I was diagnosed with Gestational diabetes (gestational diabetes is temporary) at the age of 21, when I was pregnant with my first child. Then again three years later with my second child. I developed type 2 diabetes approximately 8-9 years ago. I'm now at the middle age of 43. During pregnancy and until the fall of 2005, I was not managing my diabetes. I suffered high glucose levels averaging in the 300's and higher. My general medicine doctor finally referred me to a specialist or an Endocrinologist. For the first time in my diabetic life I am managing my blood sugars with oral antidiabetic drugs (Metformin) and insulin therapy (Lantus) to maintain normal glucose levels.
I would like to give you words of knowledge and share my steps to achieve this wonderful feeling of being in control. I hope this can help those out there suffering with significantly elevated glucose levels (hyperglycemia).
What is Type 2 Diabetes? When you have type 2 diabetes, your body is unable to properly use the sugar called glucose. Glucose is created when your body breaks down food to use for energy. Your body uses glucose as its main source of fuel with the help of a hormone called insulin. Insulin acts like a key to unlock the body's cells, so glucose can enter and serve as fuel for the cells. This is how most people's bodies maintain a fairly normal amount of sugar in the bloodstream.
That's not the case with type 2 diabetes. People with type 2 diabetes can't maintain normal sugar levels. This happens either because the body doesn't make enough insulin, or because the body can't use its own natural insulin properly - a process called insulin resistance. High blood sugar sets off processes that can lead to complications, like heart, kidney, and eye disease, or other serious problems. The good news is that healthy eating, exercise, and possibly, medications can help.
Visit this site for more information: http://www.diabetes.com/
Who's on Your Health Care Team? No matter what type of diabetes you have, it affects many parts of your life. You can get help from health professionals trained to focus on different areas, from head to toe. A health care team helps you use the health care system to its fullest.
You. You are the most important member of your health care team. Your health care team depends on you to talk to them honestly and to tell them how you feel. You may need to work with your doctor to build a health care team, adding members as the need arises. Self-monitoring via self-adminitered glucose testing using a glucose monitor is an essential element of any diabetes management program.
The PrimaryCare Doctor. A primary care or family practice doctor is who you see for general checkups and when you get sick. A doctor with special training in diseases such as diabetes is called an endocrinologist. Endocrinologist also requires caring for the person as well as the disease. Your primary care doctor may also be the one who refers you to specialists or other team members. Make sure you feel comfortable talking about the details of your health and lifestyle with this doctor. Your doctor's support is important. After the visit, ask yourself:
- Did the doctor really listen to my concerns?
- Was the doctor concerned about my diabetes control?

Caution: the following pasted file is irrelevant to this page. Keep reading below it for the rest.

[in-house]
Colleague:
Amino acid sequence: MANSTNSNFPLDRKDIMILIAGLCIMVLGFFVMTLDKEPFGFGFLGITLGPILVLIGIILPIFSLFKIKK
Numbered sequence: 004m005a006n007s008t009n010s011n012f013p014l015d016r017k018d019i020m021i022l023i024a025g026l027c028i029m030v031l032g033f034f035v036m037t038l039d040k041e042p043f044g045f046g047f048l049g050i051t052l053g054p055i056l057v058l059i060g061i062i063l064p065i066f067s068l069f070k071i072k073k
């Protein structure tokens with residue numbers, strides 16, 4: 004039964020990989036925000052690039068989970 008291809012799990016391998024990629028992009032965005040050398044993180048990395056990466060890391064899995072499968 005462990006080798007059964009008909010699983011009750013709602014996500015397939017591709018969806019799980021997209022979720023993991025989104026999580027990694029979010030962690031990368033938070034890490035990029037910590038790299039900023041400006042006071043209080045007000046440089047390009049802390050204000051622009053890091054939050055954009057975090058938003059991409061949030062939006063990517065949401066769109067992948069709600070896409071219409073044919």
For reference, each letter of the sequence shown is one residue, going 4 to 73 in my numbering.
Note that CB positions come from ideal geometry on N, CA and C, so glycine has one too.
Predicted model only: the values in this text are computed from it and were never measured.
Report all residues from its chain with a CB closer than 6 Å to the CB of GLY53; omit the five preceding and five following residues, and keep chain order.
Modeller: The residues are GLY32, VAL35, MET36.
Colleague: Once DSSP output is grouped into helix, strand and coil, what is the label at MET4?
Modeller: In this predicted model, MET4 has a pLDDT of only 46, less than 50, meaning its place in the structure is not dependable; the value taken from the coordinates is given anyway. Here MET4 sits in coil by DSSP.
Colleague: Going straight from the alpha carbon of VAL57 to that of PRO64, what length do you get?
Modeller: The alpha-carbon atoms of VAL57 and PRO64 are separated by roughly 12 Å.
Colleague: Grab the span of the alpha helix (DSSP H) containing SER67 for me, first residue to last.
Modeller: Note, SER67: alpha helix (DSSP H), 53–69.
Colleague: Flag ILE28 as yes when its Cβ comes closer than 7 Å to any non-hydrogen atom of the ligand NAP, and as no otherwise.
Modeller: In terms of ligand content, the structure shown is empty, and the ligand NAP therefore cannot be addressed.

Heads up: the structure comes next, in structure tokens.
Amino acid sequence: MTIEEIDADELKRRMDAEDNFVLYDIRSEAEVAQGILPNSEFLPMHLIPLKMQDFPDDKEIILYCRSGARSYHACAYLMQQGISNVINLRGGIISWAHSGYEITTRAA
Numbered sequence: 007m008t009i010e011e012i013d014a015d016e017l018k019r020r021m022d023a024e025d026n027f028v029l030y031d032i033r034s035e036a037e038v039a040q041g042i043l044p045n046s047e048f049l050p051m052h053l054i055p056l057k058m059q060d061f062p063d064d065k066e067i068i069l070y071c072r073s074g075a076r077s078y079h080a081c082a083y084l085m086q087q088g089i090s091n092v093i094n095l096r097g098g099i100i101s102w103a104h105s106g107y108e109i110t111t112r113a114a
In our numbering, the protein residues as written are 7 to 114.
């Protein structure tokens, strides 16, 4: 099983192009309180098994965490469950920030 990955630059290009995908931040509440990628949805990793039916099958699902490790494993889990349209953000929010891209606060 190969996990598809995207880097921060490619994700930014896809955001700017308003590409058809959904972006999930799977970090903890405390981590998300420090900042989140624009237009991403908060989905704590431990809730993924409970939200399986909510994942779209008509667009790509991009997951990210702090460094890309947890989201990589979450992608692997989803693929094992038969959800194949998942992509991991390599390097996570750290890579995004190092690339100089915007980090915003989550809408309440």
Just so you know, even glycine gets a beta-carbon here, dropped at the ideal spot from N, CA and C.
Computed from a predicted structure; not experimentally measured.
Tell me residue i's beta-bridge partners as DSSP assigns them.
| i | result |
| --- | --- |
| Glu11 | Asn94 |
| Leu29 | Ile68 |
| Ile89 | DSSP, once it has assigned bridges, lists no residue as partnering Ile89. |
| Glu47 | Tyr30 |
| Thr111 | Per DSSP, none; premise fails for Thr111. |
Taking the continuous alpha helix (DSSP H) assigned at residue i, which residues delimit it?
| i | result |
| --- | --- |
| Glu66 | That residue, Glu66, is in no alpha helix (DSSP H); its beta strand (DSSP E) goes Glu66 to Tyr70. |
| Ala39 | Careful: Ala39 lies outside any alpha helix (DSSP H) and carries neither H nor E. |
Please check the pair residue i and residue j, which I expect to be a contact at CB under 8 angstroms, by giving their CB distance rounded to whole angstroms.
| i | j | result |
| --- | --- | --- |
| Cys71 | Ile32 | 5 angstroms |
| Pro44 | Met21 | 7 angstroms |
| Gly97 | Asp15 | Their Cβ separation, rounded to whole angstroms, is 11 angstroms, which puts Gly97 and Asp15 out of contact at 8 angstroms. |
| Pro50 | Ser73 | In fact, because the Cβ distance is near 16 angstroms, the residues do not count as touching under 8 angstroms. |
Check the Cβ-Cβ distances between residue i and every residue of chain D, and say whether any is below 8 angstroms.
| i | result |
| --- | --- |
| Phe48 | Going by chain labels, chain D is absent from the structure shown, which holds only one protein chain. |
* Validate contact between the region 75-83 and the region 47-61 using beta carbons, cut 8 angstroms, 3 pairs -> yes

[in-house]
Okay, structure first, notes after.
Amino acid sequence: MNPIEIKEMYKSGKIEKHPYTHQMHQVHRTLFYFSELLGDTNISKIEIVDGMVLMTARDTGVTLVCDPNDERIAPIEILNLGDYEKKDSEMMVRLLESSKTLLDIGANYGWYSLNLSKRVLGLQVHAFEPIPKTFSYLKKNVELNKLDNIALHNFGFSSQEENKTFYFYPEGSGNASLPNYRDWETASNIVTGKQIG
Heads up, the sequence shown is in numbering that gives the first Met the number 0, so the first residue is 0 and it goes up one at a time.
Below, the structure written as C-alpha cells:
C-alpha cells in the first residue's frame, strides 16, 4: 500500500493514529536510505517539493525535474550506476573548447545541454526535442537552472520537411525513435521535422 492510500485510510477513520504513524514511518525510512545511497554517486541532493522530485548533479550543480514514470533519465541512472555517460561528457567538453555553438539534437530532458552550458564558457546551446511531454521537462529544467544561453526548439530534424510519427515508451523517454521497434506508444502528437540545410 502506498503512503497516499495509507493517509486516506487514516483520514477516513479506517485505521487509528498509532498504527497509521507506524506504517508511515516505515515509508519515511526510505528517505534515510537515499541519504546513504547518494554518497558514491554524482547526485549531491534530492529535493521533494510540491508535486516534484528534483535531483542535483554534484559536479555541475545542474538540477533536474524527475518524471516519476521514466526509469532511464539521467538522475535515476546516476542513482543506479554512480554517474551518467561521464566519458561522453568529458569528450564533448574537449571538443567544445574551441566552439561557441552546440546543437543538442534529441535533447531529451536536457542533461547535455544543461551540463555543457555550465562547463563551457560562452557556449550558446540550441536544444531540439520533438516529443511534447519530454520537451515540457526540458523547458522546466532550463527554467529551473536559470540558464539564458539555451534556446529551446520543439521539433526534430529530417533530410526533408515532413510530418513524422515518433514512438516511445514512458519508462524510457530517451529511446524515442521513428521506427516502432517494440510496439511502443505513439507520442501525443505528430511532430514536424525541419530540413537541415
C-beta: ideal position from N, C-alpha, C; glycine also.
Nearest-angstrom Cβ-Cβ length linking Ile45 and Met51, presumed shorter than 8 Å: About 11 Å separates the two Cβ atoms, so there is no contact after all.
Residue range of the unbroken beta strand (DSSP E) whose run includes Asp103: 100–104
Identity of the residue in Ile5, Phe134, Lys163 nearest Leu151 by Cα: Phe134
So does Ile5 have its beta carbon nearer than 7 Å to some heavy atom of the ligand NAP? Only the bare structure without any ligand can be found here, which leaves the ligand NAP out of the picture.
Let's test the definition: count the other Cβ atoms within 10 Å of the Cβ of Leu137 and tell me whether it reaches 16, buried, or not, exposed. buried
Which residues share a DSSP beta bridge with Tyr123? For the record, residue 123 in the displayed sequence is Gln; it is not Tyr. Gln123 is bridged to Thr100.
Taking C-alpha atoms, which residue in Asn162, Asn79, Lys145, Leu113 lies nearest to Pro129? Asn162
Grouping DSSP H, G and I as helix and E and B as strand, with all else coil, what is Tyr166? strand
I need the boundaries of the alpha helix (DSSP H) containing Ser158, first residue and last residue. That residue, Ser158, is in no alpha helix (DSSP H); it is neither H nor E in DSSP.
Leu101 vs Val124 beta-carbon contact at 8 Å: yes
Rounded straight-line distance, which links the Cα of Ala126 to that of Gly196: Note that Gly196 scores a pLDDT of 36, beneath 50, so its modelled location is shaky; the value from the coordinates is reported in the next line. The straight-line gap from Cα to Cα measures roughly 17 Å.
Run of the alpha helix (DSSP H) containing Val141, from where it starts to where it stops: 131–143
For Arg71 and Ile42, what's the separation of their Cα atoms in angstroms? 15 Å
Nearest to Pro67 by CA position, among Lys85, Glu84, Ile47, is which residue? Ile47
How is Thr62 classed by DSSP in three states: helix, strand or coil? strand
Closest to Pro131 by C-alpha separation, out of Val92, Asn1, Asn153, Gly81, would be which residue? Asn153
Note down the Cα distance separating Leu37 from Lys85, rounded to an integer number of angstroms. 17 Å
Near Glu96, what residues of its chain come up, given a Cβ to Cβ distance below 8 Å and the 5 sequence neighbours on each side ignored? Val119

- Did the doctor answer my questions?
Registered Dietician. A registered dietician (RD) or Certified Diabetes Educator (CDE) is trained in nutrician. If your doctor does not work with a dietician, ask him to refer you to one. Your dietician helps you figure out your food needs based on your desired weight, lifestyle, medication, and other health goals (such as lowering blood fat levels or blood pressure). Even if you've had diabetes for many years, a visit to the dietician can help. Dietitians can also help you learn how:
- the foods you eat affect your blood sugar and blood fat levels
- to balance food with medications and activity
- to read food labels
- to make a sick day meal plan
- to plan meals
- to plan for eating out and special events
- to include ethnic or foreign foods into your meals
- to find good cookbooks
- to make food substitutions
Eye Doctor. This doctor is another key member of your health care team, because diabetes can affect the blood vessels in the eyes. The eye doctor will be either an ophthalmologist or an optometrist. You should see your eye doctor at least once a year. These checkups are the best way to detect diabetic eye disease. Your eye doctor will check for any changes in your eyes.
Podiatrist. This health professional is trained to treat feet and problems of the lower legs. Diabetes makes you prone to poor blood flow and nerve damage in the lower legs. You may get infections more often. Sores, even small ones, can quickly turn into serious problems. Any foot sore or callus needs to be checked by your primary care doctor or a podiatrist. Inspect your feet daily for signs of trouble.
Dentist. People with diabetes are at greater risk for gum disease. The excess blood sugar in your mouth makes it a good home for bacteria, which leads to infection. See your dentist every six months. Be sure to tell your dentist that you have diabetes.
Exercise Physiologist or Trainer. Exercise plays a major role in your diabetes care, no matter which type of diabetes you have. Exercise can help lower blood sugar, help your body better use insulin, and help control your weight. It can also improve your blood fat levels, reduce stress, and improve your overall fitness level. The best person to help you and your doctor plan your fitness program is someone trained in the scientific basis of exercise. Always get your doctor's approval for any exercise program.
- join Curves or a local health gym
- get a personal trainer
- join local walk groups
- join or sign-up with walk marathons (i.e. American Diabetes Association)